The Reserve Bank of Australia will hold its last meeting of the year on Tuesday, December 6. It is by no means a passing meeting, so the AUD/USD pair may experience increased volatility.
The previous signals are contradictory, so a certain intrigue regarding the results of the December meeting remains. However, in anticipation of this event the market has already formed its position with regard to the base case scenario. Thus, according to the opinion of the majority of experts polled by Reuters, the RBA this month will increase the rate by 25 points—the same as at the previous two meetings. There is a consensus on this issue, while further prospects for tightening monetary policy already look vague.
At the very least, analysts' opinions regarding the pace of the rate hike after the December meeting differ. For example, 12 of 30 economists surveyed said that in the first quarter of next year, the RBA will increase the rate by a total of 50 points, 11 predicted a 25-point hike, while six analysts do not expect any steps in this direction from the RBA.
In general, at the end of the first half of 2023, many of the experts surveyed (15 of 29) see an interest rate level of 3.60% "or higher," while 14 analysts said the rate would be below 3.6%. At the same time, some of them admit the option of the RBA taking a wait-and-see approach after the December meeting, which means that the rate will peak at 3.10%.
Note that the Reserve Bank of Australia is gently and gradually leading traders to the fact that the regulator may indeed take a pause in rate hikes for the foreseeable future. In particular, the minutes of the latest RBA meeting indicate that members of the regulator simultaneously do not rule out two scenarios: they can either return to a 50-point rate hike, or suspend the process of tightening monetary policy.
Judging by the opinion of the absolute majority of experts, the market is highly skeptical that the RBA can return to the aggressive pace of rate hikes. Market participants are more likely to be ready for an alternative option, according to which the RBA will take a break after the December or February meeting (when the Central Bank would have Q4 2022 data on inflation growth in Australia).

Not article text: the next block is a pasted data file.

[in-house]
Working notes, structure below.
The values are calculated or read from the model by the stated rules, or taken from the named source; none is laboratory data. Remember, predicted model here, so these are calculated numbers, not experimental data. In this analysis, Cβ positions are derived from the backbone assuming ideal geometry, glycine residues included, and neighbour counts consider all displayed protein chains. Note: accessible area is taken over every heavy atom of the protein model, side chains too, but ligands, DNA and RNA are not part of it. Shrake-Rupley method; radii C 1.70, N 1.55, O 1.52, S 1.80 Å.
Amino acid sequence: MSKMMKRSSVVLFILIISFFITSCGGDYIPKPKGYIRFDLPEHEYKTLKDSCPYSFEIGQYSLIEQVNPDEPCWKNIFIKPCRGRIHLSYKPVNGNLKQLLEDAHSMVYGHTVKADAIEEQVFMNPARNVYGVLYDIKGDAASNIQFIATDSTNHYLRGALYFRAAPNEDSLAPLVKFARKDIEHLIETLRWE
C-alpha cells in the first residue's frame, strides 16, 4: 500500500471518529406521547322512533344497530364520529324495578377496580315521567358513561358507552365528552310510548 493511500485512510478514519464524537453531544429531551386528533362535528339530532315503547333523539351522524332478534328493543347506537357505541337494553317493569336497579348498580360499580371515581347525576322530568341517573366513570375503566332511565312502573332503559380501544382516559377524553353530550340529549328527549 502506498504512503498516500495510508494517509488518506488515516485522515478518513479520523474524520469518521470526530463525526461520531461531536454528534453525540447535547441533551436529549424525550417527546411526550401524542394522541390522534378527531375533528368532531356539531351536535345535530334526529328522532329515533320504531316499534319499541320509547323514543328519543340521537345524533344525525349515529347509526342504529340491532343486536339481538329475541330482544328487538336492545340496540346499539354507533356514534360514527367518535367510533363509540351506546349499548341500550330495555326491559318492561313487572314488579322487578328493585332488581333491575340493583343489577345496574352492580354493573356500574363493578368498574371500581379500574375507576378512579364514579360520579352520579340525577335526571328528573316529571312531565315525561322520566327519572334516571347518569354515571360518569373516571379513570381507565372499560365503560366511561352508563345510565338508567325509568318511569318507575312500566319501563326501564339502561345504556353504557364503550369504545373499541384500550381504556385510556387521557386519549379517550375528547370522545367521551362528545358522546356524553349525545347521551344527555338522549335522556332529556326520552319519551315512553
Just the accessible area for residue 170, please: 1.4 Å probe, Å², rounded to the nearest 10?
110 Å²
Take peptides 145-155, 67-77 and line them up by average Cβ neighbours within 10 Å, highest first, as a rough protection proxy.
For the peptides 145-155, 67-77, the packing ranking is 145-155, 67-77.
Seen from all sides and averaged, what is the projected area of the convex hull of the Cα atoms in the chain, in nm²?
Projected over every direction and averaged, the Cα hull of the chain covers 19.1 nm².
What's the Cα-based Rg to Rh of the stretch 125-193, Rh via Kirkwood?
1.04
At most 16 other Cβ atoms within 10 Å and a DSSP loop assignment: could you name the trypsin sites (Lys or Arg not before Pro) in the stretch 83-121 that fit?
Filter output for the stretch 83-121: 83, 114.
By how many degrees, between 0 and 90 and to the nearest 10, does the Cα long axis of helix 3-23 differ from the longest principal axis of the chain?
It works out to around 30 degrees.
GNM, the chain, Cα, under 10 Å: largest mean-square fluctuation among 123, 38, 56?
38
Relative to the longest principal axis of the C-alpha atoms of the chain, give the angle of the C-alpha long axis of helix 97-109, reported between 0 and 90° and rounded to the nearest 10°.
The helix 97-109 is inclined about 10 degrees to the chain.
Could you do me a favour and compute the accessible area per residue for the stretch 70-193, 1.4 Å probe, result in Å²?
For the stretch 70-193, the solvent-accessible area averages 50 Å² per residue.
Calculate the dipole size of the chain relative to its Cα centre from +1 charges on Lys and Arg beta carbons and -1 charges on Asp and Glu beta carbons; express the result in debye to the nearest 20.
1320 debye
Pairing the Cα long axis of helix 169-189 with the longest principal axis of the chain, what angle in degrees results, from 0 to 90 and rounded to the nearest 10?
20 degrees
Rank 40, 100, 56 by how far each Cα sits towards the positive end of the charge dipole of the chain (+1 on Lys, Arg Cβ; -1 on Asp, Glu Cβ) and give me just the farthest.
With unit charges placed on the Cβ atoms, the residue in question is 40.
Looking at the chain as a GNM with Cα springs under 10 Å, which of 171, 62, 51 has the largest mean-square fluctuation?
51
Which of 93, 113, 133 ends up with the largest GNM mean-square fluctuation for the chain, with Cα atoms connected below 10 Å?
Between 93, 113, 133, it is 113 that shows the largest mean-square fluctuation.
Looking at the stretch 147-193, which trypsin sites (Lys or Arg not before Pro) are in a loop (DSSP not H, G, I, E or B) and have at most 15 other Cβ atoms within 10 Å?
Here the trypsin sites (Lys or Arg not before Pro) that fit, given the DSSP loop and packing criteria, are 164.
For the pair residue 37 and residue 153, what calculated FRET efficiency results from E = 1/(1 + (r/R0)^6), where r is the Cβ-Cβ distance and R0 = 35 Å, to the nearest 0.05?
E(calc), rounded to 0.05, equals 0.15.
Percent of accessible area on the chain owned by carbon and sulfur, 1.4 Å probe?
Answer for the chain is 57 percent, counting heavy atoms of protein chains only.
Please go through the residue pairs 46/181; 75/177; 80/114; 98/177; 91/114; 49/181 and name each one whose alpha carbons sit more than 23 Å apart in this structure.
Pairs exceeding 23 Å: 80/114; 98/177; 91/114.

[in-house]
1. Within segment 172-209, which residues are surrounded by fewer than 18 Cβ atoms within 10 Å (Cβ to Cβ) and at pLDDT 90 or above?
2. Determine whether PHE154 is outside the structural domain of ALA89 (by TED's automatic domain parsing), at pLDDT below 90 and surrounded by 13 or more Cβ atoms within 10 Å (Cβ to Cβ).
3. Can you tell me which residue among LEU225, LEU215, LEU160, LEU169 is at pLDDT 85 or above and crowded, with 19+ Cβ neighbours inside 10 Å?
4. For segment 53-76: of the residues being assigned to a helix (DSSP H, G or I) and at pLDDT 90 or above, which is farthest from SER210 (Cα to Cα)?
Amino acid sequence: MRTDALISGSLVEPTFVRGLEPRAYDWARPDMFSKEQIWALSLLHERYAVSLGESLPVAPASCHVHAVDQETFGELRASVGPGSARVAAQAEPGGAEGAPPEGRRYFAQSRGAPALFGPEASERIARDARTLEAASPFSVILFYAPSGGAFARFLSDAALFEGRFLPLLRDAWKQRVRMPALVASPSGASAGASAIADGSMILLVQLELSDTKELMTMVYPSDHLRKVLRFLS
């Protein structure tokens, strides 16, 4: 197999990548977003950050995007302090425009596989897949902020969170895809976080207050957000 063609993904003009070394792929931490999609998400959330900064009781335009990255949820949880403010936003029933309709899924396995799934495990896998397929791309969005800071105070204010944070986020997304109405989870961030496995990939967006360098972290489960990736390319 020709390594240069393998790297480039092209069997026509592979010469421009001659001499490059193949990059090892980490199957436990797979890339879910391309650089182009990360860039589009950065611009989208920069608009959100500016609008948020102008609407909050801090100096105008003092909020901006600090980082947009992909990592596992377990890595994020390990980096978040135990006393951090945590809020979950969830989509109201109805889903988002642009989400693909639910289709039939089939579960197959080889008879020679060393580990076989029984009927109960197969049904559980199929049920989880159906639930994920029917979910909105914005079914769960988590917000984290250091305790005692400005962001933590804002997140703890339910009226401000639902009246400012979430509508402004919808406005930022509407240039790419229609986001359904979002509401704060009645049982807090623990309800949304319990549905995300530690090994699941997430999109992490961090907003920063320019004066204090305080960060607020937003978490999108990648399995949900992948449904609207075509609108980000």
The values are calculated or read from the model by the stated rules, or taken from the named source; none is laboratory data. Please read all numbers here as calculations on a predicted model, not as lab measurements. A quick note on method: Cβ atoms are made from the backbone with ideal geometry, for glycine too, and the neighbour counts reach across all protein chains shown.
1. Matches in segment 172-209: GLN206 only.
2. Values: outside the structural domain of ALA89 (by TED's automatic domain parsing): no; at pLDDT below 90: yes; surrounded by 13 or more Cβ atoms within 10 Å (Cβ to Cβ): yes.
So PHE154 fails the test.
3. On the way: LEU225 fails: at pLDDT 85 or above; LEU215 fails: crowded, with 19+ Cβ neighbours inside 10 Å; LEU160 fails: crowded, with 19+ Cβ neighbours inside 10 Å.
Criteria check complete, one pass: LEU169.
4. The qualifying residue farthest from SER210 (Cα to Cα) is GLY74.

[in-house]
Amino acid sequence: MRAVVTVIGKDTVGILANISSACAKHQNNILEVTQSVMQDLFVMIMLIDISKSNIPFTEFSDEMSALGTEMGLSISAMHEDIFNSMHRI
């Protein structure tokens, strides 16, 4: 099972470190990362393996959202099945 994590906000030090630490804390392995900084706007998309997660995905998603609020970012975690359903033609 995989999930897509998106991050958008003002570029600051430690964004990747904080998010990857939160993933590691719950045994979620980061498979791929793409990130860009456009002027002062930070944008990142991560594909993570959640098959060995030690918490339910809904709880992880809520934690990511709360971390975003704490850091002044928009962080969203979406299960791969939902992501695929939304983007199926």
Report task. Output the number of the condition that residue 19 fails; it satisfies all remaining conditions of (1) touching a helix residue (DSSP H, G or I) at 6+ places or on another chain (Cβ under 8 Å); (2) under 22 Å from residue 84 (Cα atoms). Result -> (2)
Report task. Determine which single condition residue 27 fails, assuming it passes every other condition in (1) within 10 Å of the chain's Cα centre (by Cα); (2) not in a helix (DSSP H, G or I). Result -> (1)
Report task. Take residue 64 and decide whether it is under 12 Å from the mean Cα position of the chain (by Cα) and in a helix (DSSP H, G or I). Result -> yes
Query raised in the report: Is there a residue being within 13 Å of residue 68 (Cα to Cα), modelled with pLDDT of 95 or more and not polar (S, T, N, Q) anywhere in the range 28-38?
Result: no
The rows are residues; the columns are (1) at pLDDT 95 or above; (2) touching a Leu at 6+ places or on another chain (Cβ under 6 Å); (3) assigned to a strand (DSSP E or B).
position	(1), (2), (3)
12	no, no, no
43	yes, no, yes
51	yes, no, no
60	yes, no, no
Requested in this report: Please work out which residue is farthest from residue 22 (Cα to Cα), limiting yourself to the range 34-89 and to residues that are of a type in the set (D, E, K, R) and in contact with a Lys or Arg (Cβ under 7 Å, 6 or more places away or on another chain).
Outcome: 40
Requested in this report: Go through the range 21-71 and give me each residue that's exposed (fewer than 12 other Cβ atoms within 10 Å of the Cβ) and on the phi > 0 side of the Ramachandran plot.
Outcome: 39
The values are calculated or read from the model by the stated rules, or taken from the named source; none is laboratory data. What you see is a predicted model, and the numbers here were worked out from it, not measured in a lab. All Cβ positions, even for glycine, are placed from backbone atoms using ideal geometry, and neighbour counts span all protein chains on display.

RBA Governor Philip Lowe and his subordinates are also gradually preparing the markets for the implementation of a conditionally "dovish" scenario. In particular, Deputy Governor Michelle Bullock said back in November in the Senate of the Australian parliament that the regulator is approaching the moment when it will be possible to pause and look around. In turn, the head of the central bank, speaking last Friday at the Bank of Thailand's economic conference in Bangkok, said that inflation expectations in Australia remain under control, and the RBA's decision to slow the rate increase reflects the lagging effects of monetary policy. At the same time, he added that the Australian regulator seeks to slow down inflation "without having too much negative impact on the economy."
The latter thesis, in one form or another, was repeatedly voiced by Lowe and his colleagues. And recently, this message is sounding more and more often, and so to speak, "louder" (accents are set accordingly). At the same time, each Australian macroeconomic release is considered by the market through the prism of these signals.
For instance, last week, AUD/USD traders reacted rather strongly (more aggressively than usual) to a disappointing retail sales report which otherwise would have been ignored by the market. Consumer Spending in Australia was unexpectedly in the red, showing a contraction of 0.2% (instead of the forecasted 0.5% growth). Of course, the release itself reflects negative trends, but in this case, the published report was taken by the market as another argument in favor of a possible pause in the process of tightening monetary policy.
Thus, the outcome of the December meeting of the RBA may turn out soft. The 25-point interest rate hike is already fully factored into current prices—this decision is likely to be ignored by the market. The market's attention will be focused on the rhetoric of the accompanying statement and on Philip Lowe's statements. If the RBA leadership "outright" allows a pause for a rate hike in early 2023, the Aussie will be under pressure, despite all prior hints about it. Judging by the results of the above-mentioned Reuters poll, most experts are still confident that the RBA will raise rates in the first half of 2023, even at a slow pace.
Given such uncertainty, it is most reasonable to take a wait-and-see attitude for the AUD/USD pair until the RBA's verdict is pronounced.